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"How people respond to trauma has been a significant focus of my clinical work and writings.  Over the years I have conducted several workshops for Japanese Americans who were interned as children to explore the ways in which their current lives are being effected by that traumatic event.  It has been an intense and revealing experience."
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Dr. Satsuki Ina


 


"There is no question that the forced removal and incarceration of the Japanese Americans during WWII without due process of law was in fact a traumatic event.  Although much has been discussed and explored regarding the historical, constitutional, and human rights issues associated with this event, we have yet to fully explore the long term psychological consequences of that trauma. "
-
Dr. Satsuki Ina


Tule Lake Reunion Symposium
Sacramento, California - June 1998

By Dr. Satsuki Ina

The Children of the Camps Project began as a personal journey.  My parents were incarcerated at Tule Lake where I was born in 1944. Satsuki Ina, PhD.

Although I was only two when we left to be reunited with my father who was separated from us and incarcerated in Fort Lincoln, North Dakota, I have carried in me a life-long legacy of the Internment experience.

As a psychotherapist for over 20 years, I have worked with many individuals, adults and children, suffering from the long term effects of trauma. 

In the mental health field, trauma is defined as an experience outside of the normal range of human experience:  According to the DSM IV (the American Psychiatric Association’s Diagnostic and Statistical Manual of Mental Disorders, Fourth Edition): "traumatic events that are experienced directly include, but are not limited to, military combat, violent personal assault, being kidnapped, being taken hostage, torture, incarceration as a prisoner of war or in a concentration camp, natural or manmade disasters, etc."  The effects may be especially severe or long-lasting when the stressor is of human design.

There is no question that the forced removal and incarceration of the Japanese Americans during WW II without due process of law was in fact a traumatic event.  Although much has been discussed and explored regarding the historical, constitutional, and human rights issues associated with this event, we have yet to fully explore the long term psychological consequences of that trauma. 

Japanese Americans traditionally have not utilized mental health services so there is very little statistical data to verify the psychological effects of the internment.  Japanese Americans are more likely to turn to their medical doctors and/or ministers for help if they seek any outside help at all.  In my own clinical practice I have found over the years that Japanese American clients were more likely to manifest their psychological symptoms via somatic concerns such as migraines, stomach problems, hypertension.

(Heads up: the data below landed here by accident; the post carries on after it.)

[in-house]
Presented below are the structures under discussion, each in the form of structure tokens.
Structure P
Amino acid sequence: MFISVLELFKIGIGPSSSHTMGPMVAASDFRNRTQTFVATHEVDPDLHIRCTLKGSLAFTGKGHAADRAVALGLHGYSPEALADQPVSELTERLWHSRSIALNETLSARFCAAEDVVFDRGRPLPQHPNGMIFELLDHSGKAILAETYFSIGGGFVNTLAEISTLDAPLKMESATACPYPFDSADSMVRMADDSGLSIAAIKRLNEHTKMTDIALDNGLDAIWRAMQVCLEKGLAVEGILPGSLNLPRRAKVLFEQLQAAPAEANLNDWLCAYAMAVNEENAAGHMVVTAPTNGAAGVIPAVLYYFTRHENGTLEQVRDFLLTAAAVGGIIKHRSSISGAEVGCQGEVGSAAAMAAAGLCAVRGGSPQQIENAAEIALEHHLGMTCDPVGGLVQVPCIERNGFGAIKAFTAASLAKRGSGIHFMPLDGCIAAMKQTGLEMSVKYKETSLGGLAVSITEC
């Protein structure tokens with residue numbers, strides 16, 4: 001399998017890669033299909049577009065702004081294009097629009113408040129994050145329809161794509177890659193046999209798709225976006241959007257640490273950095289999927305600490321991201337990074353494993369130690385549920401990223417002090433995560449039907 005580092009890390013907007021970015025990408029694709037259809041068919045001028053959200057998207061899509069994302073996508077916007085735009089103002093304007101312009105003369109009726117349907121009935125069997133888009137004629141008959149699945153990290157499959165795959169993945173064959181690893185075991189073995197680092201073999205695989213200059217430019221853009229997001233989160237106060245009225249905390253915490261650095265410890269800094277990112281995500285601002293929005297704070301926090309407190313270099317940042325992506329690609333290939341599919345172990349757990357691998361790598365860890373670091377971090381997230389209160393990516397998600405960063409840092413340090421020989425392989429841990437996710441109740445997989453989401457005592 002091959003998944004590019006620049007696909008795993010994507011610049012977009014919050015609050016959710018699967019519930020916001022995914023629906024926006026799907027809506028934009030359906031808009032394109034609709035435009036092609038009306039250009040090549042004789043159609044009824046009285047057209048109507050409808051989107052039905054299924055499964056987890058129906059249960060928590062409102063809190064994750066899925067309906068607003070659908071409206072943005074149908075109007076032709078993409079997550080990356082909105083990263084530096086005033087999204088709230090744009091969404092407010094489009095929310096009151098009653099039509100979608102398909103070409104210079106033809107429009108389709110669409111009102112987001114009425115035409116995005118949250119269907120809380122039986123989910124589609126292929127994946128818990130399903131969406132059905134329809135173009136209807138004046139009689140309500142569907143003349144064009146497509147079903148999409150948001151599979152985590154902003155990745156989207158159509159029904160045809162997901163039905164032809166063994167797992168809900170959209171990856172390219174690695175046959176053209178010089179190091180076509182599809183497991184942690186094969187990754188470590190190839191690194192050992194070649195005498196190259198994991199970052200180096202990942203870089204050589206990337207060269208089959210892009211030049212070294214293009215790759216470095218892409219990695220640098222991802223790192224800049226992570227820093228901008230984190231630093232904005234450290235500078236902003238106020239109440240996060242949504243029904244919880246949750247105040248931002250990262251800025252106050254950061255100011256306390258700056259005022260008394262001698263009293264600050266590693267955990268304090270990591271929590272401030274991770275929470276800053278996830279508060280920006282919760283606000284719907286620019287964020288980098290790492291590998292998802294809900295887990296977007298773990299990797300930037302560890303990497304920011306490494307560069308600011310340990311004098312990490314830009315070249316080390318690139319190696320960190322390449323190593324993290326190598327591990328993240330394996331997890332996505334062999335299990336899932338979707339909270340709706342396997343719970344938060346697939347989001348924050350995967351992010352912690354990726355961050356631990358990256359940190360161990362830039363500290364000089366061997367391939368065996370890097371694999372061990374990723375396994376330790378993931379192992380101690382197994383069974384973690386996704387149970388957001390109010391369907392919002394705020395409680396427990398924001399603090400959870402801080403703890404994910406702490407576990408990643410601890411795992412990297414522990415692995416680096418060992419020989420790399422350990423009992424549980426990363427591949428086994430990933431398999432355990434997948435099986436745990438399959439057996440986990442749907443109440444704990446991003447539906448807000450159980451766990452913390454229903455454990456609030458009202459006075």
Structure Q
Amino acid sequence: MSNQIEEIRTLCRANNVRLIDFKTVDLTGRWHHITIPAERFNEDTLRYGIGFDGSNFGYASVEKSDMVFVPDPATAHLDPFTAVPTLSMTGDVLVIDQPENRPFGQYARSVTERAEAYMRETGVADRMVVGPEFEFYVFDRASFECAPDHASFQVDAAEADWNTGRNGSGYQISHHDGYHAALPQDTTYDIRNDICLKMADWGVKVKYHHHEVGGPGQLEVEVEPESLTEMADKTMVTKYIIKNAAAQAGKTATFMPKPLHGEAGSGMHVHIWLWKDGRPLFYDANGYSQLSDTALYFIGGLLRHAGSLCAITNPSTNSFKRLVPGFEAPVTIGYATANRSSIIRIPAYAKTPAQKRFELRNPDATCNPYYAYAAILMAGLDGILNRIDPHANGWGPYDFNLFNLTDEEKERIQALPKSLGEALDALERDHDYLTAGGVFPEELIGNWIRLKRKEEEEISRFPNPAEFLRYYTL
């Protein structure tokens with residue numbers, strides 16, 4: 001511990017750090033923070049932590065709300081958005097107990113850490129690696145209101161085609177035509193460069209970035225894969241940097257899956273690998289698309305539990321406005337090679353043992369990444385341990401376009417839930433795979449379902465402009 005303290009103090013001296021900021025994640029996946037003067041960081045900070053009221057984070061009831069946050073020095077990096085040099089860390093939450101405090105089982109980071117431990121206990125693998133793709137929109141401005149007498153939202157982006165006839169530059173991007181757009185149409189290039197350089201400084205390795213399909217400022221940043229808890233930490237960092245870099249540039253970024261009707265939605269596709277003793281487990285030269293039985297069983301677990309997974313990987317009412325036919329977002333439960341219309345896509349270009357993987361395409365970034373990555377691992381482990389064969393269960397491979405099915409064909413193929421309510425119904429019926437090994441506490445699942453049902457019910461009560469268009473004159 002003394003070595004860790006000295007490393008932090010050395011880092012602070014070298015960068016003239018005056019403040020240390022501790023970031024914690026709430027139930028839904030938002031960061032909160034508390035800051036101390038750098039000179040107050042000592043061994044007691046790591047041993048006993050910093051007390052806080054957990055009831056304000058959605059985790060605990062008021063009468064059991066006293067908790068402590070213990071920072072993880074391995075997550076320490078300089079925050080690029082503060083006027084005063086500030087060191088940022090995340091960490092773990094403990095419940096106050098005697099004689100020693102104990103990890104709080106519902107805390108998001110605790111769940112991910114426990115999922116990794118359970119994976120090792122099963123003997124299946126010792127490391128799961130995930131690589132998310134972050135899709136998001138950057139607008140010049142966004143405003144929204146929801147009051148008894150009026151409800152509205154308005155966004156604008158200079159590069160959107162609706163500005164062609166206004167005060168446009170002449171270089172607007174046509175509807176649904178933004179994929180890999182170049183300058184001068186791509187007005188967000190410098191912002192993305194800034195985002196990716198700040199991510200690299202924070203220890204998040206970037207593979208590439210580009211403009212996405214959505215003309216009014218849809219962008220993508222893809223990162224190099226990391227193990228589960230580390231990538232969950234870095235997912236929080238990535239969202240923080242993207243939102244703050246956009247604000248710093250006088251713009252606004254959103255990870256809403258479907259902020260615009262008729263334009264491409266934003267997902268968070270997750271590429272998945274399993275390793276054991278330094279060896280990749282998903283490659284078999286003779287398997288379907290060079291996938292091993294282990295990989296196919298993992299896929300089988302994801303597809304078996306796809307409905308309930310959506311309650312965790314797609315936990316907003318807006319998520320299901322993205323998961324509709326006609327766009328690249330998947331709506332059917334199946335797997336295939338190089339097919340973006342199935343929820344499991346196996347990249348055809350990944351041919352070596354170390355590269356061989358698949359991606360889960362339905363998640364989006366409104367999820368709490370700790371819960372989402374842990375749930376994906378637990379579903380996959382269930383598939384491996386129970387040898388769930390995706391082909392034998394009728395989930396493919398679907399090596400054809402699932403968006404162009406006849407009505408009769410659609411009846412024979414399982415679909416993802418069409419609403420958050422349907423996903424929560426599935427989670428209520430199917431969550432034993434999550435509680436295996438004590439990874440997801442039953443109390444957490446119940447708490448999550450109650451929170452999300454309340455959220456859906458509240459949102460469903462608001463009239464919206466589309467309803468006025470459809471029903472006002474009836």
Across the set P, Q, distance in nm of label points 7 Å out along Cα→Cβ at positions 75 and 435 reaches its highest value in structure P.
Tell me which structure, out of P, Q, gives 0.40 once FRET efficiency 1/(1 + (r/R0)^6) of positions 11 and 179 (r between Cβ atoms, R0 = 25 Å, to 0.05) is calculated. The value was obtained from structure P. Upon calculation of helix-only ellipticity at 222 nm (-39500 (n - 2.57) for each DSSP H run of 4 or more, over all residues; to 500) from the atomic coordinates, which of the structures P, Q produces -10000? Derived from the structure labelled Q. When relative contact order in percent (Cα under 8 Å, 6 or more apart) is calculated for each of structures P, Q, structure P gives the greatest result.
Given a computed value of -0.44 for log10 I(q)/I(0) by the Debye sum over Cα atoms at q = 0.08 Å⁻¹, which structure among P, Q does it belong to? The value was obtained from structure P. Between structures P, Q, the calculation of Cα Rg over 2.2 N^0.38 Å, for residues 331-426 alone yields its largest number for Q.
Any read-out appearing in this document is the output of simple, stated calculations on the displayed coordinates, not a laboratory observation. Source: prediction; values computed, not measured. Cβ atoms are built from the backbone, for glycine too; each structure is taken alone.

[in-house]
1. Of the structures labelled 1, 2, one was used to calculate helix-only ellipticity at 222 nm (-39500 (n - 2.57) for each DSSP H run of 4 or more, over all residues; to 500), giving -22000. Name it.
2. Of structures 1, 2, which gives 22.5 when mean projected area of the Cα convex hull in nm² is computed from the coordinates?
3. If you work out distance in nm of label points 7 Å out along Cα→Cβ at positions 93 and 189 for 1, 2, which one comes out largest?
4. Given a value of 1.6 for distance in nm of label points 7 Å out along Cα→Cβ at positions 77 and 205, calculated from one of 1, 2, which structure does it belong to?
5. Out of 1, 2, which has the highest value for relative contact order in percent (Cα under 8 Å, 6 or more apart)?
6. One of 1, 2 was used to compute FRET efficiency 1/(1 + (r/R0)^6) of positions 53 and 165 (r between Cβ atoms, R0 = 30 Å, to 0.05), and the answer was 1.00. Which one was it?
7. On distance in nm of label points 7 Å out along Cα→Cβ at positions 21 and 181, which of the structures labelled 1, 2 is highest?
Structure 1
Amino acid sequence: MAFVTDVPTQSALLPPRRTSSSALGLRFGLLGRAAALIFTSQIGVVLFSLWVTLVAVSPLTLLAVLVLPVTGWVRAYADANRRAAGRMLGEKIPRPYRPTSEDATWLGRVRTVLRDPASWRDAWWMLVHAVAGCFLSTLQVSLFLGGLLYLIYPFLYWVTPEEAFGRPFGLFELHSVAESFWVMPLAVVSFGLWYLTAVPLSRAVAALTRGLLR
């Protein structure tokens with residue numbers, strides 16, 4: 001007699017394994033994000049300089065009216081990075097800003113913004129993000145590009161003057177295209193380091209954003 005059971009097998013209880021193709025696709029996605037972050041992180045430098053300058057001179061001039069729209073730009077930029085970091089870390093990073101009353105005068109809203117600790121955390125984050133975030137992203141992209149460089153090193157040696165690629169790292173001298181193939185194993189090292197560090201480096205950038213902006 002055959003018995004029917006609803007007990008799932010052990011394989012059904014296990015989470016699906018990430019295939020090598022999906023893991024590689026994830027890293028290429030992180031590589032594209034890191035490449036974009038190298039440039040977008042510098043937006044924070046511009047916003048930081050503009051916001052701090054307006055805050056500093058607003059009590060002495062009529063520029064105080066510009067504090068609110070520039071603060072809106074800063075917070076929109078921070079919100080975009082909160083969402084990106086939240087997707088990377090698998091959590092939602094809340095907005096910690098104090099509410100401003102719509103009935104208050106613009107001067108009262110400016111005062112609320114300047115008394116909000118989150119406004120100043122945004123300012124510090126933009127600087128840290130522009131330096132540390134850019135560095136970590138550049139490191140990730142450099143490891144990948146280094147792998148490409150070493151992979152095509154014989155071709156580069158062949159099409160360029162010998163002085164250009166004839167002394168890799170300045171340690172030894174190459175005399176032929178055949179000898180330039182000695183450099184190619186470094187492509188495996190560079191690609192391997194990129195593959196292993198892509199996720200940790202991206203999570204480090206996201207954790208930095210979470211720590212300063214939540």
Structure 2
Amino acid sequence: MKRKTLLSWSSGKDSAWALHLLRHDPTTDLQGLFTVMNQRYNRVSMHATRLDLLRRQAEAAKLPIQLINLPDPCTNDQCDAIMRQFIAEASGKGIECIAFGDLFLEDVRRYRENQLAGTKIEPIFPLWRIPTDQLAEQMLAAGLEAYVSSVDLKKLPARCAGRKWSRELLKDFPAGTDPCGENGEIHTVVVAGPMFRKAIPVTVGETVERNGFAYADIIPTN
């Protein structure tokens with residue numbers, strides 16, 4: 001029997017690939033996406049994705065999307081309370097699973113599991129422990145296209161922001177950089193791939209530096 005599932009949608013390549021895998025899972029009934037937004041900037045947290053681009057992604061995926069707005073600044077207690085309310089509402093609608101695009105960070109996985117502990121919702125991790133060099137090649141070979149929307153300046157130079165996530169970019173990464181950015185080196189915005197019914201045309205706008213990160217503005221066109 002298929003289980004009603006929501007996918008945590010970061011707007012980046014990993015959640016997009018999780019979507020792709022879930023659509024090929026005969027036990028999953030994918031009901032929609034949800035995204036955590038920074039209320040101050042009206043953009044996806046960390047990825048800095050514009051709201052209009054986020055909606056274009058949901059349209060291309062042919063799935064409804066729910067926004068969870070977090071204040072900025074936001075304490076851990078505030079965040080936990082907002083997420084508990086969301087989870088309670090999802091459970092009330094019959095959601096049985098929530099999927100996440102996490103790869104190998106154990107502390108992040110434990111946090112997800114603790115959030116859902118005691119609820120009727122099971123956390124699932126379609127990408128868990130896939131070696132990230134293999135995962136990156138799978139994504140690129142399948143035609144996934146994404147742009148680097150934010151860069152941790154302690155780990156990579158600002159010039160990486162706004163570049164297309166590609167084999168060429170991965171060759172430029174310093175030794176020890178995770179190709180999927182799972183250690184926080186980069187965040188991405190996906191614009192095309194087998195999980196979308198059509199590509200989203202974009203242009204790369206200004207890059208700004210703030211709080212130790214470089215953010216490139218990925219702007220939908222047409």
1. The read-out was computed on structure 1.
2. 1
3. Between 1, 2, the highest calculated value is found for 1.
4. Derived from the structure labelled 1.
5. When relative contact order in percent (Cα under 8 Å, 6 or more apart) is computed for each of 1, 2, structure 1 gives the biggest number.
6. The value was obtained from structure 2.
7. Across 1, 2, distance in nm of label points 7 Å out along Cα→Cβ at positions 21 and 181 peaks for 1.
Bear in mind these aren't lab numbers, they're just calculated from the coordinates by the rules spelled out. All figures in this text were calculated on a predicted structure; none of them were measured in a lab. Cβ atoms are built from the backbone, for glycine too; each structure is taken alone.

How people respond to trauma has been a significant focus of my clinical work and writings.  Over the years I have conducted several workshops for Japanese Americans who were interned as children, to explore the ways in which their current lives are being effected by that traumatic event.  It has been an intense and revealing experience.

I have learned that many factors influence the ways in which people learn how to cope with the trauma that has occurred in their lives.  For the Japanese Americans, cultural values and life as an ethnic minority in America led to the embracing of a unique coping style in response to the trauma.  Certainly, Japanese cultural values of gaman (endure), gambaru (persevere), giri (duty), oyakoko (loyalty), on (filial piety), and kodomo no tame ni (sacrifice) guided and helped family members to endure the shame, hardship, and tragedy of being incarcerated and deemed risks to the national security. 

As victims of prejudice, and status as second class citizens, Japanese Americans learned to go with the flow as a means to cope with the feelings of powerlessness and impotence.  Certainly other factors play a part, however, these two significant variables along with natural psychological defense mechanisms that occur in response to trauma have led to an important outcome.  I am proposing that for many Japanese Americans, the normal healing process from the trauma of the betrayal and incarceration has not been complete.

Because trauma often threatens the psychological integrity of the victim, it is a natural response to utilize defense mechanisms to help cope with the overwhelming reality of the event.  Amy Iwasaki Mass in her presentation at the Legacies of Camp Conference in San Francisco in March of this year expressed it well:

"...I tried to understand why so many Americans, Japanese and others were able to rationalize, justify, and deny the injustice and destructiveness of the whole event.  I came to realize that we lulled ourselves into believing the propaganda of the 1940's so that we could maintain our idealized image of a benevolent, protective Uncle Sam.  We were told we were being put away for our own safety.  We were told this was a patriotic sacrifice necessary for national security.  The pain, the trauma, and the stress of the incarceration experience was so overwhelming, we used the psychological defense mechanism of repression, denial, and rationalization to keep us from facing the truth.

"The truth was that the government we trusted, the President we idealized, the country we loved, the nation to which we pledged our loyalty, had betrayed us, had turned against us.  Our natural human feelings of rage, fear, and helplessness were turned inward and buried.  Experiencing and recognizing betrayal by a trusted source leads to a deep depression, a sense of shame, a sense that there must be something bad about me.  Our greatest loss was the loss of our sense of honor and worth."